"Liberty Consists In Doing What One Desires"
Context: John Stuart Mill bases the fifth chapter of his essay on liberty on two maxims: the first is that the individual is not accountable to society for those of his actions which concern only himself, and the second is that the individual is accountable to society for those actions which are prejudicial to others, indeed may for those actions be subjected to legal or social punishments. Mill applies these maxims to the concept of free trade, pointing out that restrictions on trade at least endanger, if not destroy, the liberty of the buyer. Any such infringement, or its danger, seems to Mill objectionable. The sale of poisons, he suggests, is an example of how the limits of police powers and the limits of liberty may be open to question. In his discussion he states that while it is the function of government to prevent crime, this preventive action is liable to abuse by officials. He goes on to say that it is a function of public authority to prevent accidents, and it is here that his definition of liberty occurs:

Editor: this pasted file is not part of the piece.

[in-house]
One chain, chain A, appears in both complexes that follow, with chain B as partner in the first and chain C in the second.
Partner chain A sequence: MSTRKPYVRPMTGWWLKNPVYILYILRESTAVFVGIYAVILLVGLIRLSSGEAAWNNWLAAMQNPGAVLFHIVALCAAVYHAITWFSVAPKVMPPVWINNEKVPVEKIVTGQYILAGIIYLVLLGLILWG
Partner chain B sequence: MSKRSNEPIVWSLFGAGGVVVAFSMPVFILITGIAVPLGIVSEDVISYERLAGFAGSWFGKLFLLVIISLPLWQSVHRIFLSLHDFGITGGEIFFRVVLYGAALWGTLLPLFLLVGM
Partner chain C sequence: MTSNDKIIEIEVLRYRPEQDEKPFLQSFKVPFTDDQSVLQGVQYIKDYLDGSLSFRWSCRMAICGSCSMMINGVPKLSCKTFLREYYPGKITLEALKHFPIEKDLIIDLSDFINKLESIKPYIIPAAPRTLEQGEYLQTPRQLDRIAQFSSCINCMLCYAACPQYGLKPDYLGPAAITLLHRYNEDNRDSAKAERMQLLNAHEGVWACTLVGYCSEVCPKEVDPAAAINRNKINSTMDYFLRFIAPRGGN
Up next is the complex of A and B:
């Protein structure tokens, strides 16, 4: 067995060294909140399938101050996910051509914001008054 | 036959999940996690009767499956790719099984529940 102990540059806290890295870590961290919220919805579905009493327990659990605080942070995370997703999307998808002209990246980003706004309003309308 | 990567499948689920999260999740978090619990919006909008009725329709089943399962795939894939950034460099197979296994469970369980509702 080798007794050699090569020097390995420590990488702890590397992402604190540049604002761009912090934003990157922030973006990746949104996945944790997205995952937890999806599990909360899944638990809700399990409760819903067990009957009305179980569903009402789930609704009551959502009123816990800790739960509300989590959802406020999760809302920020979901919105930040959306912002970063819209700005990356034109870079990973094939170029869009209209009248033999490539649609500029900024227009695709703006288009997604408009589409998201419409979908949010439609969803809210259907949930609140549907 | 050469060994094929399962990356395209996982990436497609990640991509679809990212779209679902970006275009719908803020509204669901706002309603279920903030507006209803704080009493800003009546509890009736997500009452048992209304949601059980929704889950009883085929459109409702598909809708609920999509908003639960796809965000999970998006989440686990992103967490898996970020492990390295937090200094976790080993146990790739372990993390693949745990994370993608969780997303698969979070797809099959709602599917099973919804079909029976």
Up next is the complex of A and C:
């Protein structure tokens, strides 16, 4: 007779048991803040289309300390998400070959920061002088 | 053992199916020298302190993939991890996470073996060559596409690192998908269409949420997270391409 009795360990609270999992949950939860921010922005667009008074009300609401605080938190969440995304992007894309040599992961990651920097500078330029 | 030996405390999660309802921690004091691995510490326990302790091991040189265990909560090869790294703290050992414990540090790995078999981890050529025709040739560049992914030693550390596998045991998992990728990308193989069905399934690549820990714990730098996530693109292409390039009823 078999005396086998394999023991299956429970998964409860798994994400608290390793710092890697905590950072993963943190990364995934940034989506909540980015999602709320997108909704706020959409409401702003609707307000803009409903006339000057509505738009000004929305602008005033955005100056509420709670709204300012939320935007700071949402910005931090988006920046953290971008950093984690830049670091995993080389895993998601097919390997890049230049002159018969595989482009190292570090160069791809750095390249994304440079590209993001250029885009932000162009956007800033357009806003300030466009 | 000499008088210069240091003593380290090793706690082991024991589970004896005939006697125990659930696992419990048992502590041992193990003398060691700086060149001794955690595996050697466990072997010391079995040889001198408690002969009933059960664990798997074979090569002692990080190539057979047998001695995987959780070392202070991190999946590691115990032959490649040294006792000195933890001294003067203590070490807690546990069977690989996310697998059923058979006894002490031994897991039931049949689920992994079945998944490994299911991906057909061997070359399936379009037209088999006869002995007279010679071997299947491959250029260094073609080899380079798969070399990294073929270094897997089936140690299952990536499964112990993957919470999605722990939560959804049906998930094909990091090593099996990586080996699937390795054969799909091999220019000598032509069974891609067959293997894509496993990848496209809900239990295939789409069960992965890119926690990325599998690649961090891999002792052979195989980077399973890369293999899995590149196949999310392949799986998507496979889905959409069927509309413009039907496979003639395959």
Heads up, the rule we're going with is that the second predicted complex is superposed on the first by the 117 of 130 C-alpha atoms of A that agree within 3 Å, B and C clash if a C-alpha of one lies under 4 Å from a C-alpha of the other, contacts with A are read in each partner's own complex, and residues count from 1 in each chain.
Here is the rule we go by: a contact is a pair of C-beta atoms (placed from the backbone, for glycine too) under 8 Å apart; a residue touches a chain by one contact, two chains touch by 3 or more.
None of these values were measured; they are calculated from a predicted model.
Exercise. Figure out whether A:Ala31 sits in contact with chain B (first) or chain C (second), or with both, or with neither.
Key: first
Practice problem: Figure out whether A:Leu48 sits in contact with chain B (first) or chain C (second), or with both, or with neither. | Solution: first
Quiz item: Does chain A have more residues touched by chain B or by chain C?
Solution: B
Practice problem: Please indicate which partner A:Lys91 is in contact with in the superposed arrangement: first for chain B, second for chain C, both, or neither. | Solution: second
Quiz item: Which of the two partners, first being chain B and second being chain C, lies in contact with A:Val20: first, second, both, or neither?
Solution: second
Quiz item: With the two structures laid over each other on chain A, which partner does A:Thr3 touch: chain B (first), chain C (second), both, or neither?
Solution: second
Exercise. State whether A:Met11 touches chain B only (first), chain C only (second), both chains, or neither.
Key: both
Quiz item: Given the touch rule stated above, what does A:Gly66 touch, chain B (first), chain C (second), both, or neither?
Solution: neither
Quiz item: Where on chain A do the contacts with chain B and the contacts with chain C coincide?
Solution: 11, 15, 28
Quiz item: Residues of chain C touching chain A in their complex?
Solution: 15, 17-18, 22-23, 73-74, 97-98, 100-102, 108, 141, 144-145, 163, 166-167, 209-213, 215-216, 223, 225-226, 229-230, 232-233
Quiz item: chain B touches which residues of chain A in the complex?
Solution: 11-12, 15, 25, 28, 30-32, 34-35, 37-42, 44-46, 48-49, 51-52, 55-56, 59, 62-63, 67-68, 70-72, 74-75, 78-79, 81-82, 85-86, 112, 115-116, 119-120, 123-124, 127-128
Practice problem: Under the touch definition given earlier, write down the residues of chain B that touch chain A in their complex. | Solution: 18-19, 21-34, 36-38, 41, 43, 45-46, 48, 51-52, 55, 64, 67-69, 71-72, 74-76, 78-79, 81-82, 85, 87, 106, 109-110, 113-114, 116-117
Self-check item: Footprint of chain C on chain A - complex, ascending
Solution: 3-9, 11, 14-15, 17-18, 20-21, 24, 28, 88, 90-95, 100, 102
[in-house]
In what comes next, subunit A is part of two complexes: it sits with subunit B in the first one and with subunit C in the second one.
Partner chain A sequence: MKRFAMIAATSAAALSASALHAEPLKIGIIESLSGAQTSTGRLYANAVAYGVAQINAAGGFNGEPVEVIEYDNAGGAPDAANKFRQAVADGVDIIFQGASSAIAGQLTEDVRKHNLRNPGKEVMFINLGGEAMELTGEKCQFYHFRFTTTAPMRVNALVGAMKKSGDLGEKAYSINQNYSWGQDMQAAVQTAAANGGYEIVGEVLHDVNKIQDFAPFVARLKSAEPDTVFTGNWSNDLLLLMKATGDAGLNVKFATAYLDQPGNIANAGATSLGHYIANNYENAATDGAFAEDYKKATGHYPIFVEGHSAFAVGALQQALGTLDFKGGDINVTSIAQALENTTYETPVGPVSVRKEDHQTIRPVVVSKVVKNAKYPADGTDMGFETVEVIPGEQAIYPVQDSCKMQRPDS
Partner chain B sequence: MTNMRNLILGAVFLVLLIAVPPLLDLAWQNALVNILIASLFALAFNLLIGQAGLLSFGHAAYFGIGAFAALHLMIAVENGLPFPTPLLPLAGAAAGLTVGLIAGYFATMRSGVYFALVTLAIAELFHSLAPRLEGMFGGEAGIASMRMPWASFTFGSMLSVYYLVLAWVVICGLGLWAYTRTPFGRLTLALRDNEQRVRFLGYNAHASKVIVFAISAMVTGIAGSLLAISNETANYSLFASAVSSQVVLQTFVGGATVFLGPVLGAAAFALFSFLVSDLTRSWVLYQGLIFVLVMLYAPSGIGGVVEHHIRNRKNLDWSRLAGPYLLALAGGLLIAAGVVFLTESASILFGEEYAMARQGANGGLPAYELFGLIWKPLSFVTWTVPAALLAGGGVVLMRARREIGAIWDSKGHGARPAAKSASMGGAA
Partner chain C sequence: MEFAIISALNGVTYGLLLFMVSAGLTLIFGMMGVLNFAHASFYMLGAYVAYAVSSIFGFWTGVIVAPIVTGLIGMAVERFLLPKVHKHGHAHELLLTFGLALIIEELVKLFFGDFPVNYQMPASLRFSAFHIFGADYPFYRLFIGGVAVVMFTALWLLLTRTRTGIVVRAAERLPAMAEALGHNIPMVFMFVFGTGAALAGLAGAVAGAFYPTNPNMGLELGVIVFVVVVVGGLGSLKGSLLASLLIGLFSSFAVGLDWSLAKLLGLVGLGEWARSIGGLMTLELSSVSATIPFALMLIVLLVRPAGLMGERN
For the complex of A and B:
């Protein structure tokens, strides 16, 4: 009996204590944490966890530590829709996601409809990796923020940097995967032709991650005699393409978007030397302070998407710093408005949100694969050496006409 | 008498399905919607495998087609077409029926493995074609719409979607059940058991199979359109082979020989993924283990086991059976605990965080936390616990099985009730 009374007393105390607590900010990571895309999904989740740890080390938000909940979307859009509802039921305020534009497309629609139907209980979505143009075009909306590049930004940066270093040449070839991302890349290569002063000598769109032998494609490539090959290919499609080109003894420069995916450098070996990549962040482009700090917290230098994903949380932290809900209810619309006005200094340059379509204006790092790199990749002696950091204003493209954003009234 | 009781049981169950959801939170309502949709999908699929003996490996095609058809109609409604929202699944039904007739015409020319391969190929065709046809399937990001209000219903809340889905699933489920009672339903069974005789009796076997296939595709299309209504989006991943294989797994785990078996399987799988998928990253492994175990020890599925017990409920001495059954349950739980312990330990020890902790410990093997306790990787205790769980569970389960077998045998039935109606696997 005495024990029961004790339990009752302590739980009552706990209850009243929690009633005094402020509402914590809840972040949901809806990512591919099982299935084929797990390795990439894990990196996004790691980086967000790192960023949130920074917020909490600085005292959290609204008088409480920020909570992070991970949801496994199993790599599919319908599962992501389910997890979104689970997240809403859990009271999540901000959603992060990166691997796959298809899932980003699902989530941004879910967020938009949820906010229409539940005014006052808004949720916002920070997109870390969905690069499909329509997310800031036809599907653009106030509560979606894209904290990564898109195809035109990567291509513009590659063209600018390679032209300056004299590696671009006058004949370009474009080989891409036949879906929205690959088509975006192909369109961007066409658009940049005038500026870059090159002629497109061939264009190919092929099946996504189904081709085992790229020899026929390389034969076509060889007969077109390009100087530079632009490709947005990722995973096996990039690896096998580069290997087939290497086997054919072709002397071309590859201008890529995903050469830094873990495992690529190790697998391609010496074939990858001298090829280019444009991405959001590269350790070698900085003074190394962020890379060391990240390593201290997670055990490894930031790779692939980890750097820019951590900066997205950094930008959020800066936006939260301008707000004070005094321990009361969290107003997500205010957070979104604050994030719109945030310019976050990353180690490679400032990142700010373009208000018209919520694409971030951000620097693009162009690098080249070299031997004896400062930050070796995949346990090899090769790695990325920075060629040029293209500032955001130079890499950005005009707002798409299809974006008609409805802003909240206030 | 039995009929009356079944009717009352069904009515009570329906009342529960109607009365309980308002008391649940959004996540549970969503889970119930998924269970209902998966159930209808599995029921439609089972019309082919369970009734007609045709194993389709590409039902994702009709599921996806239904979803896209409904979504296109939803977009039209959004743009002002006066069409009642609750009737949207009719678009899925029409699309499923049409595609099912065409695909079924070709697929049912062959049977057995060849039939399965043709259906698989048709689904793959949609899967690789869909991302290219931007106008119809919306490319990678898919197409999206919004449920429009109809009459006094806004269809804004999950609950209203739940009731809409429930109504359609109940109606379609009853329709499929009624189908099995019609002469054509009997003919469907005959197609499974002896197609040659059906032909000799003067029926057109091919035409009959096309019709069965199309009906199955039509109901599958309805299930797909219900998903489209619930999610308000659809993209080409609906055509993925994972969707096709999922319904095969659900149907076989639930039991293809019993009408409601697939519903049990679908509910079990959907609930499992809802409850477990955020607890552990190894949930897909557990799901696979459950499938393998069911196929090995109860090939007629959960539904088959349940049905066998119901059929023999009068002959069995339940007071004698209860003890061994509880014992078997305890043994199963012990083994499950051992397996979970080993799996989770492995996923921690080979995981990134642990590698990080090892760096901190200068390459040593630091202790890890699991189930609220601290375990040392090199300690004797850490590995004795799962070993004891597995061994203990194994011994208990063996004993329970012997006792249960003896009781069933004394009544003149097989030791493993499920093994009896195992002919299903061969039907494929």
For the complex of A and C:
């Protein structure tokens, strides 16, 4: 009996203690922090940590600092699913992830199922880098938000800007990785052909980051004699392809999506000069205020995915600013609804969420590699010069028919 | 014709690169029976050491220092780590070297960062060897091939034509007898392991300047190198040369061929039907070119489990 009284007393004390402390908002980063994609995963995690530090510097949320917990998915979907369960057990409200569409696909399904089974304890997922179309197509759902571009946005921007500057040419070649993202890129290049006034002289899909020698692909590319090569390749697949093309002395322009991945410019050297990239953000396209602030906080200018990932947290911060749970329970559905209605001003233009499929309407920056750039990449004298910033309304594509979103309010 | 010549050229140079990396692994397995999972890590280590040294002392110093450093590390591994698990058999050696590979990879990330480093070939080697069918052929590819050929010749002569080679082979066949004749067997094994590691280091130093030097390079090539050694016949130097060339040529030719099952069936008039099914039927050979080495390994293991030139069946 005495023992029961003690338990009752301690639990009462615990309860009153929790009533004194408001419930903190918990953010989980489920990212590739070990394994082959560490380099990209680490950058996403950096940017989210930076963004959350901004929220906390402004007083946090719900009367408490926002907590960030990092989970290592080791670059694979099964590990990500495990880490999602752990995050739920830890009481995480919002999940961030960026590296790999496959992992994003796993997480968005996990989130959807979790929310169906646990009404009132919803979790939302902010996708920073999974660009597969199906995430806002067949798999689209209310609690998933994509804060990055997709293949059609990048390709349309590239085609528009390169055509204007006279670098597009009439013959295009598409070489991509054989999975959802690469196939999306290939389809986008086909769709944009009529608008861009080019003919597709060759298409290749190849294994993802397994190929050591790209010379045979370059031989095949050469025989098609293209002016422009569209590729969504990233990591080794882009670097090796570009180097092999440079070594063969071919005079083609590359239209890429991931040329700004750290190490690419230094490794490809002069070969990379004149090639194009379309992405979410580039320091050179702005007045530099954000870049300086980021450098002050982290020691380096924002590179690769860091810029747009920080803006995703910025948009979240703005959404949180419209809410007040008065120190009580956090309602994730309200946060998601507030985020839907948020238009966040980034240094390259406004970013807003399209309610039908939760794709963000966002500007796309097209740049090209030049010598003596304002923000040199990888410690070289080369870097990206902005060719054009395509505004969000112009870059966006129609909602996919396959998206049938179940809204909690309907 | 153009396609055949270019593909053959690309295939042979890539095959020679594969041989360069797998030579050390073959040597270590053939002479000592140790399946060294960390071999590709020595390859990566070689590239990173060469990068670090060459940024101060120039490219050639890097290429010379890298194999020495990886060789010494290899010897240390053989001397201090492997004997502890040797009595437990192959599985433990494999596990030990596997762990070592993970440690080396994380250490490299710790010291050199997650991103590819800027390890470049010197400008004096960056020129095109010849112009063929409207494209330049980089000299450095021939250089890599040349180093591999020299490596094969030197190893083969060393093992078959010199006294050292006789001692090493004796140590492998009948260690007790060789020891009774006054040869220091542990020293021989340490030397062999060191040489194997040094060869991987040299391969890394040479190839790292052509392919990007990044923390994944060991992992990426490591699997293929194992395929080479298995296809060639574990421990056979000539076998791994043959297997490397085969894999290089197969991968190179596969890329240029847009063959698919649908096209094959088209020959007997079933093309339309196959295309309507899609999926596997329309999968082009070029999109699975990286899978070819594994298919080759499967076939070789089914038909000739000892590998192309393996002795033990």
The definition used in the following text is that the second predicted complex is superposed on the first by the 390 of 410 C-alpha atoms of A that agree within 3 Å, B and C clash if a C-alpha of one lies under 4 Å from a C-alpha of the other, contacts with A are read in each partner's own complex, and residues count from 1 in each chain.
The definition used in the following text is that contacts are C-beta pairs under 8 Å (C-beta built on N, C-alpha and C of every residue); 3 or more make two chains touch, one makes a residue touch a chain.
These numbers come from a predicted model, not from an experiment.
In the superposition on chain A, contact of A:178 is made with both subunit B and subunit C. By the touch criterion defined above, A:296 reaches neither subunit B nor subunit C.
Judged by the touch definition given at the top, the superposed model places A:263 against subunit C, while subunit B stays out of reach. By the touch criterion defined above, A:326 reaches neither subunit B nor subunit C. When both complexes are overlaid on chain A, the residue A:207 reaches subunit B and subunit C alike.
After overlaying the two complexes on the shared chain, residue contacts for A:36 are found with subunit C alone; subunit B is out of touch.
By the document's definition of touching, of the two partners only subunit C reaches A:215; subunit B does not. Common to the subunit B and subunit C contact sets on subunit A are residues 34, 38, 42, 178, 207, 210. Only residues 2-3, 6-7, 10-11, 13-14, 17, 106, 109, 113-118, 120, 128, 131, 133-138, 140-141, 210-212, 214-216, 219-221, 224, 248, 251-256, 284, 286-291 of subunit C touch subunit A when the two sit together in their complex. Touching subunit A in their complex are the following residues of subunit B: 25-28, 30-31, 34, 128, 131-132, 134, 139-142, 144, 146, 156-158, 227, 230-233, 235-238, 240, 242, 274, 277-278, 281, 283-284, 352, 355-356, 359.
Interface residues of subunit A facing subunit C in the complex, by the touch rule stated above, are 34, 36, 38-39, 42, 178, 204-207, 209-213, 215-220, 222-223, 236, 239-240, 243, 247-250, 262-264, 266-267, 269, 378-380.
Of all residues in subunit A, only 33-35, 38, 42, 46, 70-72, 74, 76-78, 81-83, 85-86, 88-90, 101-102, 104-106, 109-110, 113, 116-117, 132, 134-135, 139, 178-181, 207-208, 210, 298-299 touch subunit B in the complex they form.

. . . it is a proper office of public authority to guard against accidents. If either a public officer or any one else saw a person attempting to cross a bridge which had been ascertained to be unsafe, and there were no time to warn him of his danger, they might seize him and turn him back without any real infringement of his liberty; for liberty consists in doing what one desires, and he does not desire to fall into the river. Nevertheless, when there is not a certainty, but only a danger of mischief, no one but the person himself can judge of the sufficiency of the motive which may prompt him to incur the risk; in this case, therefore, (unless he is a child, or delirious, or in some state of excitement or absorption incompatible with the full use of the reflecting faculty,) he ought, I conceive, to be only warned of the danger; not forcibly prevented from exposing himself to it. . . .